(Second from the left) Finance Minister Kim Dong-yeon
South Korea’s minimum wage will rise 16.4 percent from current level to 7,530 won ($6.68) per hour in the biggest-ever gain, racing to meet the new government’s goal to jerk up the legal wage floor to 10,000 won by 2020.
The tripartite committee representing the government, workers and employers agreed and approved on Saturday the proposal to push up the minimum wage by the fastest pace since the wage floor was set in 1988.
Starting next year, Korean workers would be paid 1,573,770 won for their monthly labor when working for 209 hours, 221,540 won greater than now.
The keystone of President Moon Jae-in’s economic agenda is increases in hiring and income to help stimulate consumption and growth and ease the disparities in income and wealth.
But experts raise concern and doubts about the economic effect of the steep rise in wages as it could stoke inflation and translate labor cost burden on smaller merchants and producers to worsen hiring and consumption.
The benefit from higher wages goes to the bottom-income bracket that takes up about 23.6 percent of total working population. But the wage hike could add inflationary pressure and send prices sharply higher, dampening overall consumption.
The toll on employers is even bigger.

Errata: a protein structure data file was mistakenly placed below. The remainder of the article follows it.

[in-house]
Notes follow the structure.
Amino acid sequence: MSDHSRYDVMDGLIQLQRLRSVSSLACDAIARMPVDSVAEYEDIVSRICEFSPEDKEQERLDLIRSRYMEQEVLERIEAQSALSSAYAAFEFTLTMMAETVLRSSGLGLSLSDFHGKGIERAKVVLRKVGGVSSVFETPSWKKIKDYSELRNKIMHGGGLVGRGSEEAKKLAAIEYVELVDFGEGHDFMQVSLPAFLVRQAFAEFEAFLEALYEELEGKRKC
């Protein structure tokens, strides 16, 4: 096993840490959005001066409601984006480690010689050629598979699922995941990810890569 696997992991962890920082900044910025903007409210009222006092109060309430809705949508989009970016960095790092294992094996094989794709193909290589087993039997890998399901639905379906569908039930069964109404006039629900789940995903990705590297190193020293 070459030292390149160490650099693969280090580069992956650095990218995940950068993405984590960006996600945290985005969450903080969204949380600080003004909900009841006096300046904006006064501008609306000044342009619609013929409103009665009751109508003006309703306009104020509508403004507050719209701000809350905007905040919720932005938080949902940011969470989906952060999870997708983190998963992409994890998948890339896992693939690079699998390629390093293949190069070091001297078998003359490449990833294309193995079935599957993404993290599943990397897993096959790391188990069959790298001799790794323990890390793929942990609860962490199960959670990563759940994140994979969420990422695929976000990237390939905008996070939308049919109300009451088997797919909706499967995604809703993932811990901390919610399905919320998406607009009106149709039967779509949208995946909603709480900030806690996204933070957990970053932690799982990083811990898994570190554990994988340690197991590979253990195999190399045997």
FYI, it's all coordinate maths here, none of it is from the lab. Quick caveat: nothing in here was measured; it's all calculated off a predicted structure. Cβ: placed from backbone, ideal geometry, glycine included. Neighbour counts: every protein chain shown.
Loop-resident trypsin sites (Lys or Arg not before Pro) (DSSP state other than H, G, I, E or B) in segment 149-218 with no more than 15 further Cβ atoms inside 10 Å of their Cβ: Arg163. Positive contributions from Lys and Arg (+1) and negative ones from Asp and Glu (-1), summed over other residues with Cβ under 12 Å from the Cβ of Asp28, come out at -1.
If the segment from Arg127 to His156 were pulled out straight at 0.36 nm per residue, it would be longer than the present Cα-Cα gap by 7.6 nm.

About 42 percent of small and mid-sized companies do not earn enough even to pay off interest on their loans, and 27 percent of self-employed vendors and shops cannot even squeeze out 1 million won profit a month from their business, said the Korean Employers’ Federation.
“The steep rise in labor cost could turn many small business owners into criminals because they cannot afford the minimum pay,” said the Korea Federation of Small and Medium-sized Enterprises.
Higher labor cost on top of heavy debt burden amid slow business would make employers cut jobs and refrain from hiring, worsening the economy, the employers’ associations argued.
To minimize the side effects, the government plans to spend more than 4 trillion won including 3 trillion won to subsidize small employers over the next five years in their pay beyond the 7.4 percent average in minimum wage increases in recent years. It will also cut credit card servicing fees for small franchisees and mom-and-pop stores from this month.
By Kim Jung-hwan and Na Hyun-joon
[ⓒ Pulse by Maeil Business Newspaper & mk.co.kr, All rights reserved]